Although brow serums typically are safe for all skin types, Gonzalez stresses the importance of using hypoallergenic and ophthalmologist-approved products to avoid irritation to sensitive eyes and skin. The only downside to serums? They’re a commitment. Vincent says consistent, daily use is a must, and that your brows will return to their former state if you stop. But hey, once you see how much thicker, healthier, and fuller they look, you won’t mind adding one more step to your nightly routine.
4. Massage Your Eyebrows
Perhaps the most relaxing tip on this list, Langsam suggests increasing circulation on your eyebrow area through massage for one to two minutes. “You can use your fingers to gently massage your brows every day because that actually will help increase your blood flow,” Langsam says. Or, instead of your fingers, Vincent recommends using a soft toothbrush — one that’s dedicated to your eyebrows — one to two times a week. “I recommend regular, light exfoliation with a very soft toothbrush,” Vincent says, adding that one pass through each brow is plenty. “Use gentle, circular motions throughout the brow. The aim is to exfoliate the skin below brows and stimulate follicles while not pressing so hard as to disturb healthy hairs.”
5. Examine Your Diet
According to Gonzalez, deficiencies in biotin, iron, omega-3 fatty acids, vitamin C, vitamin A, or zinc can cause hair loss or slow cell growth and hinder the production of moisturizing sebum, which can affect hair loss. “What you do nutrition-wise is going to be more important than what you’re doing on the surface of your brows,” Langsam adds. “As much as it helps the hair on your head, it helps the hair on your eyebrows as well. All hair follicles require good nutrients.” If you do have any nutrient deficiencies, Gonzalez says taking supplements with antioxidants, as well as omega-3 and omega-6 fatty acids, could be effective, but always consult your doctor before making changes to your regimen.
6. See A Dermatologist For Professional Treatment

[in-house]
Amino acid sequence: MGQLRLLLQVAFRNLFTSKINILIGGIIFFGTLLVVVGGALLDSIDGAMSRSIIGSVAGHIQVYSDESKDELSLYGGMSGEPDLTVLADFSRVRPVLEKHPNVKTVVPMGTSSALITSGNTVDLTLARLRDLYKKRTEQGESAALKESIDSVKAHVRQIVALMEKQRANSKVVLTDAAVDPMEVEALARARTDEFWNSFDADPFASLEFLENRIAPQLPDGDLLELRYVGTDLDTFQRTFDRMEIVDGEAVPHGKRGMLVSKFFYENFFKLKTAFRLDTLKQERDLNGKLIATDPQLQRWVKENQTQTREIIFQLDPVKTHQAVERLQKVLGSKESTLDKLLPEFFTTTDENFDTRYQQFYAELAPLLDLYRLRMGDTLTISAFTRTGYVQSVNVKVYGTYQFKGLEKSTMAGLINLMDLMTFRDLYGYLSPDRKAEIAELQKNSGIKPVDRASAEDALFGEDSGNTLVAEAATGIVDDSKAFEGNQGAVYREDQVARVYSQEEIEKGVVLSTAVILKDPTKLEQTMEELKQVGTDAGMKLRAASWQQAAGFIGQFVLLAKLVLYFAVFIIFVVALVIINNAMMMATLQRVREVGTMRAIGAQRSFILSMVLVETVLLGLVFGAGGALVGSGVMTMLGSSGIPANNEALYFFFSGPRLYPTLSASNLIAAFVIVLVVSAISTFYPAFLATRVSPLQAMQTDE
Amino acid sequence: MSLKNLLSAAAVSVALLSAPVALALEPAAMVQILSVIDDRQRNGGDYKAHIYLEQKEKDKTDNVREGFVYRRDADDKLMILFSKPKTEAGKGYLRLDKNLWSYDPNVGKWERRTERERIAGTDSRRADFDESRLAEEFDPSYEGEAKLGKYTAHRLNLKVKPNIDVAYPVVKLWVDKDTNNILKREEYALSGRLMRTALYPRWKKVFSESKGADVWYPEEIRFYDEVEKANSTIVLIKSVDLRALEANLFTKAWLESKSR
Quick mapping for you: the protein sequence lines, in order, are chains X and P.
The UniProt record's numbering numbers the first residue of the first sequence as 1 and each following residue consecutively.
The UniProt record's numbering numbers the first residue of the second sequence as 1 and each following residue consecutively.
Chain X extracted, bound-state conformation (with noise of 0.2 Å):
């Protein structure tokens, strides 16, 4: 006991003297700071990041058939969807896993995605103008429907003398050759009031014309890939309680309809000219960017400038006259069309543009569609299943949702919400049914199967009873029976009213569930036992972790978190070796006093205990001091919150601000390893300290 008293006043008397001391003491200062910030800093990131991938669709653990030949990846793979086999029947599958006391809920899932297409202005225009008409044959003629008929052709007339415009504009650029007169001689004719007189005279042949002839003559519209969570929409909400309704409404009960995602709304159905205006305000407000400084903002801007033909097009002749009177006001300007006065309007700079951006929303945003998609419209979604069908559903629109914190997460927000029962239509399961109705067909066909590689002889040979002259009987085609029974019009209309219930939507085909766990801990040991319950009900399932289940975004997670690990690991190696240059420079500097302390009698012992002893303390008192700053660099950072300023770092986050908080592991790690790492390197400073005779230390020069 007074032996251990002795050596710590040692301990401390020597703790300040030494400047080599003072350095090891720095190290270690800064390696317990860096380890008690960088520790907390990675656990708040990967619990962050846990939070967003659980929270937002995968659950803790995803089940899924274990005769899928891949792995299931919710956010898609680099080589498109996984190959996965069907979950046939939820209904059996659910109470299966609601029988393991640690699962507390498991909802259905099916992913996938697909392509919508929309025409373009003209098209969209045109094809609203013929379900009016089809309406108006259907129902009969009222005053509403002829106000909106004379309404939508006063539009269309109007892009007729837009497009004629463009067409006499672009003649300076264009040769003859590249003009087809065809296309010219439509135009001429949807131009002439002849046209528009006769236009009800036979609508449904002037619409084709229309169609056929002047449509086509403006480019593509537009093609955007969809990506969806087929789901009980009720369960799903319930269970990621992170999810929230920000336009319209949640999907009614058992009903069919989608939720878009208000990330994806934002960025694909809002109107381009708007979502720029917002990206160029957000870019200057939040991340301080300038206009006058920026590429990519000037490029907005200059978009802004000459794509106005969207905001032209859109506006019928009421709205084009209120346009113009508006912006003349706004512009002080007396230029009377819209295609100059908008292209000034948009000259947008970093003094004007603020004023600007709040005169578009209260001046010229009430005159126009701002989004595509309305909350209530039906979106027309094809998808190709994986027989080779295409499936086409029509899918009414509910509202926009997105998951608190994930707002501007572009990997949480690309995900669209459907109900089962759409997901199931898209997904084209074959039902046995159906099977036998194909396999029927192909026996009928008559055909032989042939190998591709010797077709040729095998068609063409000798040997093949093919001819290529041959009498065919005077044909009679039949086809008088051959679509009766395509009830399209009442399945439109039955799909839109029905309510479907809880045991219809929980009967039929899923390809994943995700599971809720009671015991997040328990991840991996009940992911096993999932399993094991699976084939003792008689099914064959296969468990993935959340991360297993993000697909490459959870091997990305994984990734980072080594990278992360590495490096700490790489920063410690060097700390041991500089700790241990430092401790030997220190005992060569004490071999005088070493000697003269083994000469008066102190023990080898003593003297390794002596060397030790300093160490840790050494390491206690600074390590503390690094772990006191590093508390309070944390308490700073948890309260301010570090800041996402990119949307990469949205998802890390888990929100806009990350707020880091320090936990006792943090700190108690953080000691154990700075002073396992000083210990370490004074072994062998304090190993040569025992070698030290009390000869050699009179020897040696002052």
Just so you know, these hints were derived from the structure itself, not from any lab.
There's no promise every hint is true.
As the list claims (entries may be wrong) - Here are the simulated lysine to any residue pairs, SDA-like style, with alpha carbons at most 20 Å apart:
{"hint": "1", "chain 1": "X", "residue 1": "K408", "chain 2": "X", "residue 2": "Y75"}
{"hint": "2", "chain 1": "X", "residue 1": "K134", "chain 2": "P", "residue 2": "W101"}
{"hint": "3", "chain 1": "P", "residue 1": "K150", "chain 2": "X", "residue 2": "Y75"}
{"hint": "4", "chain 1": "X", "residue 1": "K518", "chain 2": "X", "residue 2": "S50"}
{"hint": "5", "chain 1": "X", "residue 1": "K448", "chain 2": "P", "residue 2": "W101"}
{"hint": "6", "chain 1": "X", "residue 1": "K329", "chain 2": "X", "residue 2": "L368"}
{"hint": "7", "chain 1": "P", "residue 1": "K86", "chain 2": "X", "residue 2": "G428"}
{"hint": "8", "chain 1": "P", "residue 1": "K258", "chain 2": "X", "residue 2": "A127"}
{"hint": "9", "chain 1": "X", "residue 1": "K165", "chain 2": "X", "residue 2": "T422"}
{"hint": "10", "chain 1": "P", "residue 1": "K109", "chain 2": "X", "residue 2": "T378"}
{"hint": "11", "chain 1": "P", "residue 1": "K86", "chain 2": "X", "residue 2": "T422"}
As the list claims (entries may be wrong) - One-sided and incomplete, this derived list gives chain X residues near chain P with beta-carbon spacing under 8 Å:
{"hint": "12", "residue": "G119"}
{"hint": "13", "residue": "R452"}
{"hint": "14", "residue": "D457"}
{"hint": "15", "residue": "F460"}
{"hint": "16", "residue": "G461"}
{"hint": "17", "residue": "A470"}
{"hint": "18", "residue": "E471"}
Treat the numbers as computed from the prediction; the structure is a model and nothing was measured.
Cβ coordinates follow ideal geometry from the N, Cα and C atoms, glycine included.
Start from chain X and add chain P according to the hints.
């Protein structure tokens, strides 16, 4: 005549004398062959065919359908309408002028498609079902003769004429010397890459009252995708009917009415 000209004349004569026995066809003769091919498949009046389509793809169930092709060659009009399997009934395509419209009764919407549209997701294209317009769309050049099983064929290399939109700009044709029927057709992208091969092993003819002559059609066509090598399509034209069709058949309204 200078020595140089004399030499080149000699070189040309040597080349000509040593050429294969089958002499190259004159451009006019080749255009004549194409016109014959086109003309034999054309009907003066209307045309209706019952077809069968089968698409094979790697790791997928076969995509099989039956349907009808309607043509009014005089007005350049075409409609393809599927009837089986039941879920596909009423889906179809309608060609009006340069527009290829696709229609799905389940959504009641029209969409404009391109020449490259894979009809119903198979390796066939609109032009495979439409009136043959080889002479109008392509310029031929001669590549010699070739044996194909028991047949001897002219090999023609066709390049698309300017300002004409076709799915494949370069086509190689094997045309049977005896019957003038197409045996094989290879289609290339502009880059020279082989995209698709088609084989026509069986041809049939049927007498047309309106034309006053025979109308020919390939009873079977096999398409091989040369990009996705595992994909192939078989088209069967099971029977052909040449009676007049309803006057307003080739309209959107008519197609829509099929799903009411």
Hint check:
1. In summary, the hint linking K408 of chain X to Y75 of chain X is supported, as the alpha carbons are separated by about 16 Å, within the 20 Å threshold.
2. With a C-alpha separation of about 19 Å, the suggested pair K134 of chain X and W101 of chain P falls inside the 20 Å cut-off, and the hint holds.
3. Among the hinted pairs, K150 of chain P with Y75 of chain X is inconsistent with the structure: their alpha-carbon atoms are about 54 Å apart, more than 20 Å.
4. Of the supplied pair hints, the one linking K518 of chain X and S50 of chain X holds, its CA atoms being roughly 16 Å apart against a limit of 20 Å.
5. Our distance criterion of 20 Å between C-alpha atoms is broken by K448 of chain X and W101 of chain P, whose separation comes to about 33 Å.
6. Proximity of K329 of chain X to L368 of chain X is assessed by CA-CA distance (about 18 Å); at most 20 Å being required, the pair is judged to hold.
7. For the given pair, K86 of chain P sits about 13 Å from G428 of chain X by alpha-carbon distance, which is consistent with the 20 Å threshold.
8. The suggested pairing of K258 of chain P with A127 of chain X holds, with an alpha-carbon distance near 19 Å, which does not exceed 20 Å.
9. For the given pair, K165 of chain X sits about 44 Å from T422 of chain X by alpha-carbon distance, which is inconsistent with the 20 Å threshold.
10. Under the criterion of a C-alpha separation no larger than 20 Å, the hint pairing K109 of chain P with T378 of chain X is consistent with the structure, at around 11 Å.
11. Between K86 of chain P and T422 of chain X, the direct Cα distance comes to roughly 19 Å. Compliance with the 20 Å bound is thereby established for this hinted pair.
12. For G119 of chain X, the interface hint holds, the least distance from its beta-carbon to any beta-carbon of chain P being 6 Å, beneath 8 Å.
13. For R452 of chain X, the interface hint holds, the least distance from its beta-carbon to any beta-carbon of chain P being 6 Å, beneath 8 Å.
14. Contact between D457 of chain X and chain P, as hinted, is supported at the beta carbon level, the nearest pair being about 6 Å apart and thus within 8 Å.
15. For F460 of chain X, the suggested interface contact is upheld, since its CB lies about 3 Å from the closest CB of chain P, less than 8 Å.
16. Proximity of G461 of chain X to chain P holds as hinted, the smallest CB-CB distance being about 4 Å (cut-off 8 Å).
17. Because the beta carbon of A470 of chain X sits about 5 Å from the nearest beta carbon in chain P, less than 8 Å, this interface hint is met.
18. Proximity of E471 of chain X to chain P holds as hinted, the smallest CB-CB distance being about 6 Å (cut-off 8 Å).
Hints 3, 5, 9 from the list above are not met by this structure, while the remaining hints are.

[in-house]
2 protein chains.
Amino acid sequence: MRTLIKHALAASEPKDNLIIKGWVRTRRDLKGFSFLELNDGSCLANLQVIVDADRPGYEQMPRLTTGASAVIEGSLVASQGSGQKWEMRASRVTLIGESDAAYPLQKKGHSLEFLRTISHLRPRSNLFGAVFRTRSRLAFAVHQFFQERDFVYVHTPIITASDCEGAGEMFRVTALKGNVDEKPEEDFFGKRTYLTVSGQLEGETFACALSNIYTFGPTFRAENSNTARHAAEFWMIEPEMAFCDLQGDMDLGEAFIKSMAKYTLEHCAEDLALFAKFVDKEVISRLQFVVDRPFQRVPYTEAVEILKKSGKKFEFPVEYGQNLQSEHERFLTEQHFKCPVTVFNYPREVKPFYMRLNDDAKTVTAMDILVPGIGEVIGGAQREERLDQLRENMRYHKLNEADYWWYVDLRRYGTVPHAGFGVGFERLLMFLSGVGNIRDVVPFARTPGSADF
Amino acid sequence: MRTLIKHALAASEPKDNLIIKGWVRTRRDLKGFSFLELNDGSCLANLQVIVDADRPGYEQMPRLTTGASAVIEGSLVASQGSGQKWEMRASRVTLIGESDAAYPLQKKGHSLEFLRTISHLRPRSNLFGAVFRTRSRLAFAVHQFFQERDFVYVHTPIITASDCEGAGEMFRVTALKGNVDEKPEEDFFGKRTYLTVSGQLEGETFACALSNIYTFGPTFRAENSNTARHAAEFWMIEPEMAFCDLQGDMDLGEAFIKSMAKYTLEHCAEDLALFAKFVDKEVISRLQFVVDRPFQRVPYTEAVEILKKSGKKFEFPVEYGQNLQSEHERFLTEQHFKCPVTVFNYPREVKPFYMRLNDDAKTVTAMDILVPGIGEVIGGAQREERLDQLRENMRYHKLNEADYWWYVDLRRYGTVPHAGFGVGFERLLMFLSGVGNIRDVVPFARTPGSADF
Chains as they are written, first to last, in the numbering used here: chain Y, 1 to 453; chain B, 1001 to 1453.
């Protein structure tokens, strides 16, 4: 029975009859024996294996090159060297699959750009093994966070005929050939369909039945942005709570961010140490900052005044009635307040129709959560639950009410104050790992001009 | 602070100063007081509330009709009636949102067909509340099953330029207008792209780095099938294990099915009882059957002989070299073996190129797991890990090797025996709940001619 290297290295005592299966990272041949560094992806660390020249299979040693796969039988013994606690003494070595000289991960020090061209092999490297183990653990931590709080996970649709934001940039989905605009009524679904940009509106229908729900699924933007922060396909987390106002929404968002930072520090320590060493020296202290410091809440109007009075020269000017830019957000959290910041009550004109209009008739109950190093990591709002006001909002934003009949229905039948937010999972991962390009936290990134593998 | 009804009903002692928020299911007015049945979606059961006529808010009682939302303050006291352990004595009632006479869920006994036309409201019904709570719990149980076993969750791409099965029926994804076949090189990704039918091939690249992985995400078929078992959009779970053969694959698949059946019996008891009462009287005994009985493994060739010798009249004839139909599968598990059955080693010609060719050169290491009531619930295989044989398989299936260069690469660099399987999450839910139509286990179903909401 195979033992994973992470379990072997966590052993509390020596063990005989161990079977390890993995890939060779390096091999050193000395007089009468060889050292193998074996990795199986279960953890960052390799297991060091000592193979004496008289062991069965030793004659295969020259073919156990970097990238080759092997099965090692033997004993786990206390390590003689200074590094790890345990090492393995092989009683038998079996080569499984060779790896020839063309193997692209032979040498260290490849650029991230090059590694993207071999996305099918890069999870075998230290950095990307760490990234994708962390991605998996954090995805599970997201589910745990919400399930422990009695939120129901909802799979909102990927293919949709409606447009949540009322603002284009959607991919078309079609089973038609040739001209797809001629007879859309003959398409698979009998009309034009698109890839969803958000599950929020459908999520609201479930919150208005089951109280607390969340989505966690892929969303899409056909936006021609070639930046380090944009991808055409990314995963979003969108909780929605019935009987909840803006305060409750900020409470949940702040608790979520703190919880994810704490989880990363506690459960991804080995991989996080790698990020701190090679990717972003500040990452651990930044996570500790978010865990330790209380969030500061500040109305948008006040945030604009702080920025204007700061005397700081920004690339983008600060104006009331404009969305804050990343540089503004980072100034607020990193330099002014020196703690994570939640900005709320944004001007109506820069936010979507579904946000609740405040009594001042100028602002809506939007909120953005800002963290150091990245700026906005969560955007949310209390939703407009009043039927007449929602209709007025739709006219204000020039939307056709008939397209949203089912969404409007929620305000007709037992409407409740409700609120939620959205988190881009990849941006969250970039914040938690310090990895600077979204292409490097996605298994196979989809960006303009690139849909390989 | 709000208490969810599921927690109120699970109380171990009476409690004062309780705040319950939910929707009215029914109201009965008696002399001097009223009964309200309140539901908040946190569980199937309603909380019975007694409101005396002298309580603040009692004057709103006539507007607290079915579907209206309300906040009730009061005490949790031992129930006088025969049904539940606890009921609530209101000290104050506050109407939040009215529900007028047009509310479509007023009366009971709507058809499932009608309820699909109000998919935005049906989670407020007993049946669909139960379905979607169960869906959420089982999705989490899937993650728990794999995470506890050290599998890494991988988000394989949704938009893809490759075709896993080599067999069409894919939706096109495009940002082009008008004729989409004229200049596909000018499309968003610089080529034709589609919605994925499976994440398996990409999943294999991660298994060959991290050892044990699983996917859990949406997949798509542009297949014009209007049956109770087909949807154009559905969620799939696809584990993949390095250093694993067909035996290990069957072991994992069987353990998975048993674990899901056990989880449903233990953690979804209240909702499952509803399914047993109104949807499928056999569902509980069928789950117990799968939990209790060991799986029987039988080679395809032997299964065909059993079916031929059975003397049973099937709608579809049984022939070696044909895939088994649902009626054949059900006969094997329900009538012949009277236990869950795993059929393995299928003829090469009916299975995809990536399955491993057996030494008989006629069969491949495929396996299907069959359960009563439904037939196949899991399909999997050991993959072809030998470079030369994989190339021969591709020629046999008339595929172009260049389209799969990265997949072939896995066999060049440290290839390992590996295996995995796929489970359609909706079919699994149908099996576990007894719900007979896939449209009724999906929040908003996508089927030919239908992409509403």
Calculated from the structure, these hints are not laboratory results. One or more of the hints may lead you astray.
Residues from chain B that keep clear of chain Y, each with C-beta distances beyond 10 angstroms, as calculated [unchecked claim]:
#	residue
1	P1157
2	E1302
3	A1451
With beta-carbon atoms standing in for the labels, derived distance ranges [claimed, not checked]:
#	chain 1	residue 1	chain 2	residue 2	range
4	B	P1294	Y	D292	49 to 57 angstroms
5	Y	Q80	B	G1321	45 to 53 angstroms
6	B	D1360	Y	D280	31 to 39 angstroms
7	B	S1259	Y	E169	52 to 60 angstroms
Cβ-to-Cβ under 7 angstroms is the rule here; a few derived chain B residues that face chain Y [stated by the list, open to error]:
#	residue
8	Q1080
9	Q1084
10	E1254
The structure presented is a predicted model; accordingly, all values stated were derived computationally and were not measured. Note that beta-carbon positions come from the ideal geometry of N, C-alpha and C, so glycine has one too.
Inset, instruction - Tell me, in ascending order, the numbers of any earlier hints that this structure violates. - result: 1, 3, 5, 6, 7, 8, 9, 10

A visit with your doctor isn’t only helpful for asking about Latisse, but if over-plucking isn’t the reason for your current brows (or lack thereof), it would also be a good idea to see your doctor to find out what could be. The most effective way to stimulate your eyebrow growth varies depending on the culprit behind the hair thinning. In some cases, Gonzalez says eyebrow hair loss can be caused by hormonal changes, infection, a skin condition, or an overactive immune system, which is why seeing your doctor for a diagnosis and treatment plan is key. Gonzalez explains sometimes episodes of alopecia or eczema (which can slow down or stop hair growth) can come and go, but if you notice a persistent decrease in your eyebrow hair, seek an appointment with your dermatologist to identify the underlying cause so you can get your brows back to where you want them to be.
7. Take A Photo Of Your Brows For A Future Guide
Follow the above advice, be patient, and once you’ve achieved your optimal brow shape and fullness, Vincent suggests taking a close-up photo of each eyebrow for the future. The next time you feel the need to tweeze between appointments, you’ll be able to reference your guide to remind you which hairs should stay so you don’t have to go through all these steps again. If, by chance, you do happen to get carried away in a magnifying mirror one day, well, now you know exactly what to do to grow your eyebrows back.
Dr. Annie Gonzalez, M.D., a board-certified dermatologist at Riverchase Dermatology
Martine Langsam, IAT, WTS, a certified trichologist